How To Set Rules With Your Roommates About Partners Sleeping Over, Because It Can Get Crowded

Ah, roommates. Living with friends or just cohabiting with other people can be an amazing experience, as long as everyone follows the ground rules. You might be living with roommates while things with your bae are starting to get more serious, or perhaps your roommate is in the midst of their own budding romance. Is it OK for either of you to have your significant other stay over all the time? Here's how to set rules with your roommates about partners sleeping over, according to real life relationship experts.

It's possible that you and your roomies aren't on the exact same page when it comes to having your boos stay the night. But if everyone's paying rent on time and and being respectful when they're around, what's the big deal if boyfriends or girlfriends sleep over throughout the week?

Dr. Paulette Sherman, a psychologist and author of the upcoming book Facebook Dating: From 1st Date to Soulmate, helped me break down the importance of setting ground rules. The rules you set will be formed by "your relationship with your roommate and what they find acceptable. They are paying half the rent, so they should have some say in how often guests can stay over," she explains.

Depending on your living situation, you most likely share a kitchen, living room, and probably even a bathroom with your roommate. For many people, home is their sanctuary, and when someone feels like their space or privacy is invaded, they may begin to resent their roommates for it.

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So, with one or two extra people sleeping over a few days a week, don't assume you're just one big happy family until the people paying rent have discussed boundaries. Just because your roomie was cool with your SO staying over one or two nights a week, it doesn't mean that they'll be as chill if it happens more often. "It's best to discuss it and to figure out a fair compromise," says Dr. Sherman.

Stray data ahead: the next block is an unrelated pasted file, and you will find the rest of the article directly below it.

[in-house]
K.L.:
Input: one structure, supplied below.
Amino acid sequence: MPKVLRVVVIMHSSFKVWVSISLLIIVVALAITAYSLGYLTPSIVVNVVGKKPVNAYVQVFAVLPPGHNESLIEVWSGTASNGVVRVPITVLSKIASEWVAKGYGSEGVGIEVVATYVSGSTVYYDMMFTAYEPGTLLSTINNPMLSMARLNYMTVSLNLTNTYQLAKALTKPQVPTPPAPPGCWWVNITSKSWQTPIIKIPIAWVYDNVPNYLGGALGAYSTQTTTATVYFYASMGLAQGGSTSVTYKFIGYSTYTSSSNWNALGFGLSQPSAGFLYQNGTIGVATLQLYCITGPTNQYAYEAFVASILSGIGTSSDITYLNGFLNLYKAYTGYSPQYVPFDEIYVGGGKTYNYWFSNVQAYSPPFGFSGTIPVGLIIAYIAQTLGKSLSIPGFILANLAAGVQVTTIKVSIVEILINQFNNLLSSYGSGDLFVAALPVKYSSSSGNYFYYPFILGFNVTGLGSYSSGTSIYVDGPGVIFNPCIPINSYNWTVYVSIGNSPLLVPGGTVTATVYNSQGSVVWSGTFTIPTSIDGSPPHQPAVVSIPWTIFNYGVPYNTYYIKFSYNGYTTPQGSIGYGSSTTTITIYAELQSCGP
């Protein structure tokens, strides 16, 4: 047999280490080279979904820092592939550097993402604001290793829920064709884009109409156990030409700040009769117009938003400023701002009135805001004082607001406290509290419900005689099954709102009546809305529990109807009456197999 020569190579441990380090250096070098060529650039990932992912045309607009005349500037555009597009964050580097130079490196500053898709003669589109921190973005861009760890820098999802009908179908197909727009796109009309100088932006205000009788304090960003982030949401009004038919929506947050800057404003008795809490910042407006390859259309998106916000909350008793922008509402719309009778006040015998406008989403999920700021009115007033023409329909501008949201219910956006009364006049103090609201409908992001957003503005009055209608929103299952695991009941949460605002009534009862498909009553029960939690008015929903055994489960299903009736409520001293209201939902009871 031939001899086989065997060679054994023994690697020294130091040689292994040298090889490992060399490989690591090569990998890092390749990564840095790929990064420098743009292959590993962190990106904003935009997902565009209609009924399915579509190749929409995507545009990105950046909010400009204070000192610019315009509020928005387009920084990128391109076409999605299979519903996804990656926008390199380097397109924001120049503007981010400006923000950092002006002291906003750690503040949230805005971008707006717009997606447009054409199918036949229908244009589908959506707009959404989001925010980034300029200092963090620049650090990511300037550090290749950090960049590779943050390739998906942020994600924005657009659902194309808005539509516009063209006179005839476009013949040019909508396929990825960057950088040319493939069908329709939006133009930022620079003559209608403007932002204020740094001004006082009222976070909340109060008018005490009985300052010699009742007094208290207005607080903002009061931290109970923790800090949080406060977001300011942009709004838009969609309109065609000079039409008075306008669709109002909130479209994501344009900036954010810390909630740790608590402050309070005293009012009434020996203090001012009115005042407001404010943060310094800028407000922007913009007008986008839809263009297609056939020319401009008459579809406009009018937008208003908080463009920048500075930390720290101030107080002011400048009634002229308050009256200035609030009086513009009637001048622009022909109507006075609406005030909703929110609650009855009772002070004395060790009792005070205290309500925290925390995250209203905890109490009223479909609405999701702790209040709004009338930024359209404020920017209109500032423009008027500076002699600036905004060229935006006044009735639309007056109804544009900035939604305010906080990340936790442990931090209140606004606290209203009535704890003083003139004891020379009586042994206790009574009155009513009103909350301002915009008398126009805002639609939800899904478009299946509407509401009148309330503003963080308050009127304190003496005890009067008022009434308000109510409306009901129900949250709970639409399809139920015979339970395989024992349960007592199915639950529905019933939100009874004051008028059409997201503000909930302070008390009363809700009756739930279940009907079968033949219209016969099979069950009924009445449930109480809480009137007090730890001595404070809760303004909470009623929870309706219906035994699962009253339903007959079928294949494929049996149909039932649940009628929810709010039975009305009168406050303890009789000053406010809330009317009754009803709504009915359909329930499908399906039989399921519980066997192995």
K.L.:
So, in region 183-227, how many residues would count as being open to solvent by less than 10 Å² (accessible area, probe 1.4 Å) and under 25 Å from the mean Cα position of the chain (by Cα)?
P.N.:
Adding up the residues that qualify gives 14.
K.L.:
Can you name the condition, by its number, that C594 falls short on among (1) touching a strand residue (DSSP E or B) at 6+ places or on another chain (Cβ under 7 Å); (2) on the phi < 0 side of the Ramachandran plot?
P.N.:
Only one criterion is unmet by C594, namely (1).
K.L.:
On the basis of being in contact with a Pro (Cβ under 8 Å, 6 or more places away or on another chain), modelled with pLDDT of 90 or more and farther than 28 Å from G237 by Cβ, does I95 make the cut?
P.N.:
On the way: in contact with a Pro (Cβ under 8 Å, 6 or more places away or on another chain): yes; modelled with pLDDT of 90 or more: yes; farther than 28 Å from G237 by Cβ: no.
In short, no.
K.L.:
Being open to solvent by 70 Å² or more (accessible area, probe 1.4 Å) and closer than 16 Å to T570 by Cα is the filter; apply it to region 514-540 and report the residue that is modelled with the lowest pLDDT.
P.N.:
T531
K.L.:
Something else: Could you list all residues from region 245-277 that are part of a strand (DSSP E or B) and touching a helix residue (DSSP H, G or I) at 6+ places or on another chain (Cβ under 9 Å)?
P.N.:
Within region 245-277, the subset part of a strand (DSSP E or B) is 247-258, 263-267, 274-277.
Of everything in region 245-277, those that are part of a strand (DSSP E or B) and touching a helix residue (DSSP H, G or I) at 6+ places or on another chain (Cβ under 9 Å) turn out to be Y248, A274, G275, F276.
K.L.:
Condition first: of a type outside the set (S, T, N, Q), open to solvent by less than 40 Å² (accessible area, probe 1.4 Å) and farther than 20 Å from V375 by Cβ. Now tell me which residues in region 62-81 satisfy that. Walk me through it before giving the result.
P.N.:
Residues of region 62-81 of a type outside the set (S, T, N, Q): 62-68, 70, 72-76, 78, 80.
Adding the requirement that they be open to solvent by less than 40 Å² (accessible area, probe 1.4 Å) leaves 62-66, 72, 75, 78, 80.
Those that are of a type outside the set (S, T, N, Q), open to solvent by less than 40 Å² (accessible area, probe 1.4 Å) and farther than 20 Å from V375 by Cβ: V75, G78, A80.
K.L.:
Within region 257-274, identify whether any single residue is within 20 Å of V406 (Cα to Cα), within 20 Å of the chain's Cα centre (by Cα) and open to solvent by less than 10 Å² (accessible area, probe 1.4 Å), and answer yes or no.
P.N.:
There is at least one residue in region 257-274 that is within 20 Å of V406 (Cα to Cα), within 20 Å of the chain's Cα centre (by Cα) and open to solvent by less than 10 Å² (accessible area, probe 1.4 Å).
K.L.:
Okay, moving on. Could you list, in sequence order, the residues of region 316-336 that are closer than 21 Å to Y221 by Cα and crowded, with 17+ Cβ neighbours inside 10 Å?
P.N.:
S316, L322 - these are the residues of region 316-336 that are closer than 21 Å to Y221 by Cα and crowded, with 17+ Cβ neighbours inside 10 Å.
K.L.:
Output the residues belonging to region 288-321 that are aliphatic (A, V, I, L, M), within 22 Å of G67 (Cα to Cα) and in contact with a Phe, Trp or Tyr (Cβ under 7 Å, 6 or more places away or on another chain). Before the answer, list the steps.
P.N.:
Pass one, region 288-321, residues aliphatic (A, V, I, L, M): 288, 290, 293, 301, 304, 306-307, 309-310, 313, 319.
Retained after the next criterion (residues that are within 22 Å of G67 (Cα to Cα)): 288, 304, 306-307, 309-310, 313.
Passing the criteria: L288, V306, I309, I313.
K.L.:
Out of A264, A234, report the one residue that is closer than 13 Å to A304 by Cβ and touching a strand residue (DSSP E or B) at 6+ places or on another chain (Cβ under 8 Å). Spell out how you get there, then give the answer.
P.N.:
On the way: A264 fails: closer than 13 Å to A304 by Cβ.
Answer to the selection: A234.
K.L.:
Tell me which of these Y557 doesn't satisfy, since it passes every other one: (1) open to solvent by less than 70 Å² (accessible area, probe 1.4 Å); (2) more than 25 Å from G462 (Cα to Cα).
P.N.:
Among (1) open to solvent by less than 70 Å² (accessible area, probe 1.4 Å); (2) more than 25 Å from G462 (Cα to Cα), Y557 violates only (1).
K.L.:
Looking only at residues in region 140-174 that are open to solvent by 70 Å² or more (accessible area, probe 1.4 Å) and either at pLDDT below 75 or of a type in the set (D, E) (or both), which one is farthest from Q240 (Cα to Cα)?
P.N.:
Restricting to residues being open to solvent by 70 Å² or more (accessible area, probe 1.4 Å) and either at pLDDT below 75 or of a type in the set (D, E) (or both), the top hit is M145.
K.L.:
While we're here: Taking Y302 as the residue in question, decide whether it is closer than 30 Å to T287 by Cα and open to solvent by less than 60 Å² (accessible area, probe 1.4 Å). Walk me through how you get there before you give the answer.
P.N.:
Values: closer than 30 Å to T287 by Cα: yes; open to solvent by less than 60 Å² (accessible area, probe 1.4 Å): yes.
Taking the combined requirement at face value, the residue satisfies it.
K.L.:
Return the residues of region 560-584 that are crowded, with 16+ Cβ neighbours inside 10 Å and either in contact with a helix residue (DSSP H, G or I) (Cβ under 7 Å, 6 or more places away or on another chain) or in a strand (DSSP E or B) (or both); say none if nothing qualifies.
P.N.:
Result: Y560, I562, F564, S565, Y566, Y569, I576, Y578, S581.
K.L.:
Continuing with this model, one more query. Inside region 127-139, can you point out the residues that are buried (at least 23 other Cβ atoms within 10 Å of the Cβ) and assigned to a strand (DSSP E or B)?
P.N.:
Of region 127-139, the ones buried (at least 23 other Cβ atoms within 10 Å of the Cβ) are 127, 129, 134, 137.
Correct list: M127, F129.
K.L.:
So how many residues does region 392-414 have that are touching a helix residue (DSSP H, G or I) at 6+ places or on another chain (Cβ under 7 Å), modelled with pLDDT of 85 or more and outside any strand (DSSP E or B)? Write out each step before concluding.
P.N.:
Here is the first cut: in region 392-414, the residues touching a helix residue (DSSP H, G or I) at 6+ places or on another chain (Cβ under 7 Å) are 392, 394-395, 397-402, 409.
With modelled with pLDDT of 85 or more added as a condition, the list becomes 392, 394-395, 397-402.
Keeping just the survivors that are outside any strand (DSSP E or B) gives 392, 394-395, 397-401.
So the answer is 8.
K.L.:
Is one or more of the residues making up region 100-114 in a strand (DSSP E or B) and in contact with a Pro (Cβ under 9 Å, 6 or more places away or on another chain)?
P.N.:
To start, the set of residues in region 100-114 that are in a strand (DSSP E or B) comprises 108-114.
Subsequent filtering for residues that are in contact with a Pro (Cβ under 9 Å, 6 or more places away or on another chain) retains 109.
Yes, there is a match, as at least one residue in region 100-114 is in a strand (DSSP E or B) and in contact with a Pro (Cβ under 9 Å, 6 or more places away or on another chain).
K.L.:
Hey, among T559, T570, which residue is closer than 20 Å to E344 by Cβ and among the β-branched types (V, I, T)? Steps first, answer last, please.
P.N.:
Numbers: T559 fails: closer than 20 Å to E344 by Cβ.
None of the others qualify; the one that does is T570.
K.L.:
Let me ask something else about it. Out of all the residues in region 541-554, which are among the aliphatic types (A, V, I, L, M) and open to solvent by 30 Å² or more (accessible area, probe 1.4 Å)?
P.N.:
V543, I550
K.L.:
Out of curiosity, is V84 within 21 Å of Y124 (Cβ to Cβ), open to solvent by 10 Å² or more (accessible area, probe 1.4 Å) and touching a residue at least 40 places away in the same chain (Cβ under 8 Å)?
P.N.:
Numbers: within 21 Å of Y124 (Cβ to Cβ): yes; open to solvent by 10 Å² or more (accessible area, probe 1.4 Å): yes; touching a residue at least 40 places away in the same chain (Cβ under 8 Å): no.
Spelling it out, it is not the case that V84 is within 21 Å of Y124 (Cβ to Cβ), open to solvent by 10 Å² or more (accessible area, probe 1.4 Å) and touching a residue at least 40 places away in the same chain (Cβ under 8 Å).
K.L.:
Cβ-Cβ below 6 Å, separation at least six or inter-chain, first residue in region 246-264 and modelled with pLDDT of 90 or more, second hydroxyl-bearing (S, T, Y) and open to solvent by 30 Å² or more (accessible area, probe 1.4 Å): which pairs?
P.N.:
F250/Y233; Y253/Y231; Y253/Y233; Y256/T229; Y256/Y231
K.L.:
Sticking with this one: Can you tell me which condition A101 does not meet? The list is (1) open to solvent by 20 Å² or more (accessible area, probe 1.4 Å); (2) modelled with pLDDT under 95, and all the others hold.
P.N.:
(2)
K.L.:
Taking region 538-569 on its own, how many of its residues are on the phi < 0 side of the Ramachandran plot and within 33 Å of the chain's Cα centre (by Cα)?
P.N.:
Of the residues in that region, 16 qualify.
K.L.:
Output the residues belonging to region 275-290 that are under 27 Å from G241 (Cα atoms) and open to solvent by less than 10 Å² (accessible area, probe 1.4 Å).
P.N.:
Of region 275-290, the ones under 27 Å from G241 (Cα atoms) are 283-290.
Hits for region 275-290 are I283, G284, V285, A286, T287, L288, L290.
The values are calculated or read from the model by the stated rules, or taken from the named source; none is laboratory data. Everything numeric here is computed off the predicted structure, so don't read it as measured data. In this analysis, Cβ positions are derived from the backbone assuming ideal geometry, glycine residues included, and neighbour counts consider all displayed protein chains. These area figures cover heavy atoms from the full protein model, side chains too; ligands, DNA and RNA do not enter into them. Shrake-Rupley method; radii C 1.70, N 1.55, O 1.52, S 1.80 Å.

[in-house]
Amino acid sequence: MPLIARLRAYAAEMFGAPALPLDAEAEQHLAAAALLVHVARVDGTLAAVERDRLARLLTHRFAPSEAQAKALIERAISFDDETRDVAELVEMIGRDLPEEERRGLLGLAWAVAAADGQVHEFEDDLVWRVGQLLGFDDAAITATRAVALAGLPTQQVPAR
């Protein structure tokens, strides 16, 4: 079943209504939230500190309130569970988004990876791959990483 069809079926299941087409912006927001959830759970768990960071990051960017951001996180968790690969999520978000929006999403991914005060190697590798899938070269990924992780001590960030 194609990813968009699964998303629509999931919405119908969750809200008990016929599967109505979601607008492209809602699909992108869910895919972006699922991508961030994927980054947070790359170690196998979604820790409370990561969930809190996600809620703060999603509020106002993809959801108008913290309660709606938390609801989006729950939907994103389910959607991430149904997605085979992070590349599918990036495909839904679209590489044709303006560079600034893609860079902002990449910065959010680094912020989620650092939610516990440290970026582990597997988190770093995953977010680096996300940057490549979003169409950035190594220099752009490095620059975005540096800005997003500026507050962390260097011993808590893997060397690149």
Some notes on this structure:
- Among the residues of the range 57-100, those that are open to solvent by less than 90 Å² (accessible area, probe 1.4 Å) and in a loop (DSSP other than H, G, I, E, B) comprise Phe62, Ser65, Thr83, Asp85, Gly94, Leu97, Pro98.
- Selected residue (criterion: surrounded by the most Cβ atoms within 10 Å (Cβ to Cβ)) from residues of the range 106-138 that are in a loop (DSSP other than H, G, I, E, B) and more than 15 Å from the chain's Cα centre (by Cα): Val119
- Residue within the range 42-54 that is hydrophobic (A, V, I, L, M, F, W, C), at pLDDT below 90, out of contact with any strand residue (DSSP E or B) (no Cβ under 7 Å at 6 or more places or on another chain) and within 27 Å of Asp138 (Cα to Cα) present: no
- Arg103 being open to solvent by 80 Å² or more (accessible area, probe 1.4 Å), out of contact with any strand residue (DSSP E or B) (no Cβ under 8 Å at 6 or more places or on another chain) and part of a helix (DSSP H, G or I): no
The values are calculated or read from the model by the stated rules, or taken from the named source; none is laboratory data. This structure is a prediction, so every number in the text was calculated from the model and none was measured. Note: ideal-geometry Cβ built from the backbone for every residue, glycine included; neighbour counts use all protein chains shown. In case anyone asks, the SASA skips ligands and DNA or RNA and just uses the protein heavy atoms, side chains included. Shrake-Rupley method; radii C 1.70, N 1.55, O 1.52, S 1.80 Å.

The best time to chat with your roomies about setting rules for partners sleeping over would ideally be before you move in. However, the topic might not come up until one of you starts dating someone. Either way, Dr. Sherman recommends finding a time to talk when "when you can both be relaxed and listen to one another."

If you each have a different idea about how often it's acceptable to have a sleepover with your boo, "see if you can agree on something reasonable and continue to discuss how that goes for both of you over time so that no resentment builds and your relationship remains strong," she says. Resenting your roommates can create a pretty toxic living environment, but it can probably be avoided by having some honest conversations.

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The whole idea behind setting rules with your roommates about partners sleeping over is to be as fair as possible to everyone on the lease. "If there was no agreement that you'd have another person there multiple times a week and they are paying half the rent, they may have a reason to feel upset," explains Dr. Sherman. Sounds simple enough, right?

So, you've got a super chill roommate who never complains about anything. Should you assume they're OK with guests staying over? Nope. You still need to talk about it first. According to online dating coach Andi Forness, "the best way to talk with your roommate about your partner sleeping over is before it becomes a problem." You might get a free pass the first or second time it happens, but after that, you've gotta have the talk. When discussing sleepover rules, Forness recommends getting very specific. Be sure to cover everyone's comfort levels when it comes to "frequency, hanging out, sharing food, clean up, and chores." Your roommate might be totally fine with your bae staying over until he or she begins using their shampoo and eating all the food they just bought, so be sure to cover that too.

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If one roomie's SO stays over every night of the week, and the other roomies really like having them around, but feel that the rent breakdown is a bit unfair, it's going to be a problem. Dr. Sherman suggests that maybe they "can pay a portion of the rent too."

Also, if an additional person is spending tons of time at your apartment, you'll want to make sure they're aware of the existing rules and expectations. Maybe one roommate gets up super early and needs things quiet after 10 p.m. Maybe you have a set cleaning schedule in place or specific bathroom etiquette you follow. Be sure all overnight guests are aware of these rules.

Keep in mind that none of this stuff will work itself out on its own. The only way to know where everyone's head is at when it comes to partner sleepovers is to talk about it. And even if you have an initial conversation about what you're comfortable with, feelings can change, so all roommates should feel like they can bring up the topic at any time.

Don't worry — your relationship doesn't need to suffer just because you have roommates. With communication and a little compromise, you'll get plenty of overnight canoodling in with your main squeeze.